He has one more year on the ballot.
But Alan Trammell isn't going to suddenly leapfrog into the Hall of Fame a year from now. He knows that.
He probably knew it two years ago when he took a step back from his high-water mark of 36.8 percent.
There was hope Trammell was trending upward at that point — he took a 12 percent jump from 2011 to 2012. But the tide of support has receded, even though one of the most applicable comparisons of Trammell as a player continues to be with Barry Larkin, who was elected into the Hall of Fame in 2012.
If you want to use traditional stats as part of the comparison, Trammell had more hits and RBIs than Larkin.
Larkin hit more home runs (although neither hit 200) and had the higher average (.295-.285).
If WAR has become your basis of comparison, Trammell's was 70.4 to 70.2, according to baseball-reference.com.
Larkin won the National League's MVP award in 1995 for the Reds. The closest Trammell came to be an MVP was second in 1987.
Trammell, however, is not bitter about where he places every year. He appreciates the support while acknowledging just how much of a long shot he's become.
It doesn't alter his realistic view of his career.
"I know I could play," he said over the phone Wednesday. "I also know what I accomplished in my career. I'm comfortable with all of that.
"If I come up short in the voting, as I've been doing, that's something out of my control. It's not going to change me."
But he also says "a little momentum" coming out of the balloting process next year, with the veterans committee in mind, would be nice. He would like that momentum to include his longtime playing partner, Lou Whitaker, as well.
Of the four players voted into the Hall of Fame on Tuesday, the one Trammell knows the best is Randy Johnson because he faced Johnson, was on a Tigers team no-hit by Johnson (1990), and because as a coach with the Diamondbacks, he would sometimes converse with Johnson, who'd occasionally stop by.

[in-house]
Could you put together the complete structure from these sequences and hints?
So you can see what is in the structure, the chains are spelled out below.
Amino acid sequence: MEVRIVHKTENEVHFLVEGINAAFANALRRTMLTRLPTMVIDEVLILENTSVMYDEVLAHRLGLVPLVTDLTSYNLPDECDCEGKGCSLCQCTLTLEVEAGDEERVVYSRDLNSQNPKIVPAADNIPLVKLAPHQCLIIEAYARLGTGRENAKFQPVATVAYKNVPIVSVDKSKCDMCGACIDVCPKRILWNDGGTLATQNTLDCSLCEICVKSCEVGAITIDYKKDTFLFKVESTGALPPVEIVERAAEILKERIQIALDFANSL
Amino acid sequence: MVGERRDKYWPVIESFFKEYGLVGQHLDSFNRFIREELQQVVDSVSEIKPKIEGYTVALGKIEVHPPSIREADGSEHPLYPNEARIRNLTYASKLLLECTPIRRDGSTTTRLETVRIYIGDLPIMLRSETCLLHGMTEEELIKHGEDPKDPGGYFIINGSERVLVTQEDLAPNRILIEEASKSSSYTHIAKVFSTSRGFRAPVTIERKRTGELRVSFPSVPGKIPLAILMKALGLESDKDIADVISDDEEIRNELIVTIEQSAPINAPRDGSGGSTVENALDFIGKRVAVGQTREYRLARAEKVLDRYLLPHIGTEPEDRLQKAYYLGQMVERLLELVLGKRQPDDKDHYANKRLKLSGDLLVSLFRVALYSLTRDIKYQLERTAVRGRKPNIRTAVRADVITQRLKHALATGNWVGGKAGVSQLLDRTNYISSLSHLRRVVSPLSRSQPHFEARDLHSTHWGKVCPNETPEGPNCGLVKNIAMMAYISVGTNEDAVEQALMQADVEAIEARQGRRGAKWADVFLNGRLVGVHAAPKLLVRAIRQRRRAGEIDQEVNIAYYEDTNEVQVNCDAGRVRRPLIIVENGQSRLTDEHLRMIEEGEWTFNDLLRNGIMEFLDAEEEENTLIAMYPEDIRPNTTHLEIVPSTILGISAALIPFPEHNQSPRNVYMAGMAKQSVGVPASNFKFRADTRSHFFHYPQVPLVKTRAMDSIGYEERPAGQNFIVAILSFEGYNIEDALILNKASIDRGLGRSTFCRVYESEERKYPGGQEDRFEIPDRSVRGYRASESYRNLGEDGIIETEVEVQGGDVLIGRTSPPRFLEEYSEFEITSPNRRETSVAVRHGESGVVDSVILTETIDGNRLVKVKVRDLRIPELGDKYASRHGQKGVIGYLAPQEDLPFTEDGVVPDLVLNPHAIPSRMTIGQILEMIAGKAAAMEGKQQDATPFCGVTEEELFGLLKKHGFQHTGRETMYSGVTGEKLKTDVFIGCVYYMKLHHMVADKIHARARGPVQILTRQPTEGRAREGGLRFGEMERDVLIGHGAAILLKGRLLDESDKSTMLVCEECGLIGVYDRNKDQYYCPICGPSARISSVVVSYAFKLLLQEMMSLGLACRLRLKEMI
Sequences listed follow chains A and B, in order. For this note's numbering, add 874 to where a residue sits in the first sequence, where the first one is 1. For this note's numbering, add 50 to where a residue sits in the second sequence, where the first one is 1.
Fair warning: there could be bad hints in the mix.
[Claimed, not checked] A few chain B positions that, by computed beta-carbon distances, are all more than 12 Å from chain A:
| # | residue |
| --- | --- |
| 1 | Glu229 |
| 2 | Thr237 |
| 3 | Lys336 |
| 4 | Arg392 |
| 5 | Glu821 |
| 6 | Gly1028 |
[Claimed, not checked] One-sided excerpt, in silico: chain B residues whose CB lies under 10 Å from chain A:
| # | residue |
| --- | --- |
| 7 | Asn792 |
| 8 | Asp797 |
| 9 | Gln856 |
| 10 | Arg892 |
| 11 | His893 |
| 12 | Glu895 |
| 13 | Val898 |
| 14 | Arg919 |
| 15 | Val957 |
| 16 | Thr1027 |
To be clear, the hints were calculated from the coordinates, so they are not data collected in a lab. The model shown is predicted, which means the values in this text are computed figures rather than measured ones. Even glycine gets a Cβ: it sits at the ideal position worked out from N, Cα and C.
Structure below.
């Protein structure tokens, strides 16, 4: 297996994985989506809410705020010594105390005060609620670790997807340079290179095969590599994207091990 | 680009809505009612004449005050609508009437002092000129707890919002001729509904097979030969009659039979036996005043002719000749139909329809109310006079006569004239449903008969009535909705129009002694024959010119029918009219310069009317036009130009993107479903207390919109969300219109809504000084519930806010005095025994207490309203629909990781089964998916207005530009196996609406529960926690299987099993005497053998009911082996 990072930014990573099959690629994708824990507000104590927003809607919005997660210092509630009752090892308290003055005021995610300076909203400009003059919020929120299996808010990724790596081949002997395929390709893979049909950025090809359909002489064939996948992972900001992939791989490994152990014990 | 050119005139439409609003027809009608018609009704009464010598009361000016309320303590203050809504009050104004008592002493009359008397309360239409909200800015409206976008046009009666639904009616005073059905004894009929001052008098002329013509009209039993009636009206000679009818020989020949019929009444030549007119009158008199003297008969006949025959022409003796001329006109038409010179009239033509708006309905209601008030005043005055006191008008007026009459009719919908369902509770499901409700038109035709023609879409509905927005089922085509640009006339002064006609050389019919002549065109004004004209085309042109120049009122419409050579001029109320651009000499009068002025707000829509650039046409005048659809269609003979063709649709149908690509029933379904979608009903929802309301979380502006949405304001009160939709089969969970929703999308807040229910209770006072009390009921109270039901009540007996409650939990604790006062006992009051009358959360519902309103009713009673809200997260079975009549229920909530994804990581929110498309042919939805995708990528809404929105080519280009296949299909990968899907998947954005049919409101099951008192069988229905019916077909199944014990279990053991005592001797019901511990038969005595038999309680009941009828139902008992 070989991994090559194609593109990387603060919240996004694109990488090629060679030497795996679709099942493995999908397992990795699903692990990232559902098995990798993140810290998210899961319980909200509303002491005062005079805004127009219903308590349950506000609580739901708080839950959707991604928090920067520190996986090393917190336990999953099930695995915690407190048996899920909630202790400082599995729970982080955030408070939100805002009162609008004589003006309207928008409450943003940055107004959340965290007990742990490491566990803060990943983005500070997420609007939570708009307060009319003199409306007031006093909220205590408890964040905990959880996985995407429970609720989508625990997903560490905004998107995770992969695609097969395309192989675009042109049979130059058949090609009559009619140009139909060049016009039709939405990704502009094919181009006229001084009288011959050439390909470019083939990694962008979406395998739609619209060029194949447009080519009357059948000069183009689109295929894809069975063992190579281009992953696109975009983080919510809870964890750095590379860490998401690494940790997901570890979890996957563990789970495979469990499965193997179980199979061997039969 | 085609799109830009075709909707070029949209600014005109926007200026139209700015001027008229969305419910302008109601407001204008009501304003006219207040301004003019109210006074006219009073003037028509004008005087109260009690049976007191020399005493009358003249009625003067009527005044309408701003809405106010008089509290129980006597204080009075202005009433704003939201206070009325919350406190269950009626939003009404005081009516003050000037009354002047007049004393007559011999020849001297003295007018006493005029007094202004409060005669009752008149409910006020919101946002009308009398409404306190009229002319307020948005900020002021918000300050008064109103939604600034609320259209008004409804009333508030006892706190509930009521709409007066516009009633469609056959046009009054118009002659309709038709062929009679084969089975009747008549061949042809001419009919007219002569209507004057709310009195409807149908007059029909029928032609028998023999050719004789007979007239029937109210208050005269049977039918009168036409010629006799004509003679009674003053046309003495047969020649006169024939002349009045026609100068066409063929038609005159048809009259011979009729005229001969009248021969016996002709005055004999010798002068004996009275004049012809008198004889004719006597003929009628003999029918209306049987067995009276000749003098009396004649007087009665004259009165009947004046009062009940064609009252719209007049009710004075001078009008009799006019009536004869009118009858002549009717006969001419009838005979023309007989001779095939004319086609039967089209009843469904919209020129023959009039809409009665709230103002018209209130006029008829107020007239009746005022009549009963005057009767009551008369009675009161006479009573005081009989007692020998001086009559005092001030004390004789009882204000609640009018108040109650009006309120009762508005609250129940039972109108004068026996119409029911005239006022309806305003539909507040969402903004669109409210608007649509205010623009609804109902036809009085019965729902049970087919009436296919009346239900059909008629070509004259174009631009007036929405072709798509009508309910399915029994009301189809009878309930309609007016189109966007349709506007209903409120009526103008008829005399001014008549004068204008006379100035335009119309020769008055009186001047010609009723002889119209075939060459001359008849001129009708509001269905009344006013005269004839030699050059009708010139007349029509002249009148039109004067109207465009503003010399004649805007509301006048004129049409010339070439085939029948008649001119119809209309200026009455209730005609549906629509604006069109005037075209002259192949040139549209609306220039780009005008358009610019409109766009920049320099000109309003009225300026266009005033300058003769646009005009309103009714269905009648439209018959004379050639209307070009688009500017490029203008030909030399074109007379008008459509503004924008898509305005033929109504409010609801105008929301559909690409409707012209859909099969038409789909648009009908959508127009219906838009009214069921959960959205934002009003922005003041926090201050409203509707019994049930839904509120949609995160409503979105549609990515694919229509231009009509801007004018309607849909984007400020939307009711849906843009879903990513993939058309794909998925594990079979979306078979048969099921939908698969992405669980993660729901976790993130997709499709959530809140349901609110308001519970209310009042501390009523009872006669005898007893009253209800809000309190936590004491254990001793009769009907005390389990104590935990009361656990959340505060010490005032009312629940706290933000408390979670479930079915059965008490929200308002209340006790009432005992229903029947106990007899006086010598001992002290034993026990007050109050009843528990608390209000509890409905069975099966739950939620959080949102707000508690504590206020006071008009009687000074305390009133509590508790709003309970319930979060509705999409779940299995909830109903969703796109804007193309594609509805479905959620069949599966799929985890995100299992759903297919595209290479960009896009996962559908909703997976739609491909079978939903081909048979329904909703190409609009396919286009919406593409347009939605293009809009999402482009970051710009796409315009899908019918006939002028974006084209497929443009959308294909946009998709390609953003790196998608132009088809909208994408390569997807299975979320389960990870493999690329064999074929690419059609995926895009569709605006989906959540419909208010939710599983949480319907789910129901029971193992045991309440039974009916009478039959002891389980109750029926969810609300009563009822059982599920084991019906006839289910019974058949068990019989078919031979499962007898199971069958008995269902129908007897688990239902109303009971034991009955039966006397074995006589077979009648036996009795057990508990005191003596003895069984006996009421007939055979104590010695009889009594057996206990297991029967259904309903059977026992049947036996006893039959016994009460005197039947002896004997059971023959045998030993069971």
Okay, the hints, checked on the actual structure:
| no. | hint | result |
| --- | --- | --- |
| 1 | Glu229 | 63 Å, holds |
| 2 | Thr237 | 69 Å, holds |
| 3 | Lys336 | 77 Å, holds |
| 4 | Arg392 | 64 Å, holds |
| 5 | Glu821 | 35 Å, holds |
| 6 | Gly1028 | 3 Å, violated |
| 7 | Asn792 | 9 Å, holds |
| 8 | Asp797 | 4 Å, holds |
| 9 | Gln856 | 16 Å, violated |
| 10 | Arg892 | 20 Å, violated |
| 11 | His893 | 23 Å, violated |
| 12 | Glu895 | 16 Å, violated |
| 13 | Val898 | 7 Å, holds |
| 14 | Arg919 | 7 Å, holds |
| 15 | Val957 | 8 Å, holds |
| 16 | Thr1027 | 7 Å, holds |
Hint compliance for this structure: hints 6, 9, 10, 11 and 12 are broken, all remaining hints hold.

Trammell went 0-for-4 during that June 2, 1990 no-hitter Johnson threw against the Tigers.
He was not, however, one of Johnson's eight strikeouts. Trammell grounded out twice, popped out once and flew out to deep left.
Then again, striking out against Johnson was not something Trammell often did during his career. He was 8-for-22 against the 6-foot-10 left-hander, striking out twice.
"But he was a very tough pitcher to hit against," Trammell said. "And only got tougher as his career went on. "He was a little wild (six walks) while no-hitting us, but that worked to his advantage, too. Some of the swings in that game weren't ones you would want to remember, but you do because of who was throwing the ball.
"Randy became one of the great lefties of all time."
Now that a hitter as accomplished as Carlos Delgado has been eliminated from Hall of Fame consideration on the first ballot — he didn't receive the required five percent of the vote — it'll be interesting to see if that requirement will be lowered to three percent to allow first-year players more time to gain some traction in the process.
Delgado not only hit at least 30 home runs per year for 10 consecutive seasons (1997-2006), but only 27 other players have combined for least 470 home runs with 1,510 RBI.
Delgado had 473 and 1,512.
While such numbers might not gain him entry into the Hall of Fame, with a tweak of the percentage of votes required to remain on the ballot - at least in a player's first year of eligibility — Delgado's candidacy would have made it to a second year.
Other first-year players in the last 20 years with less than five percent of the vote but more than three include Kenny Lofton, John Franco (most career saves by a left-handed pitcher), Andres Galarraga, Mark Grace, David Cone, Will Clark, Dwight Gooden, Joe Carter, Dennis Martinez, Jeff Reardon, Ken Griffey Sr., Frank White and Dan Quisenberry.
Whitaker fell short at 2.9 percent in 2001.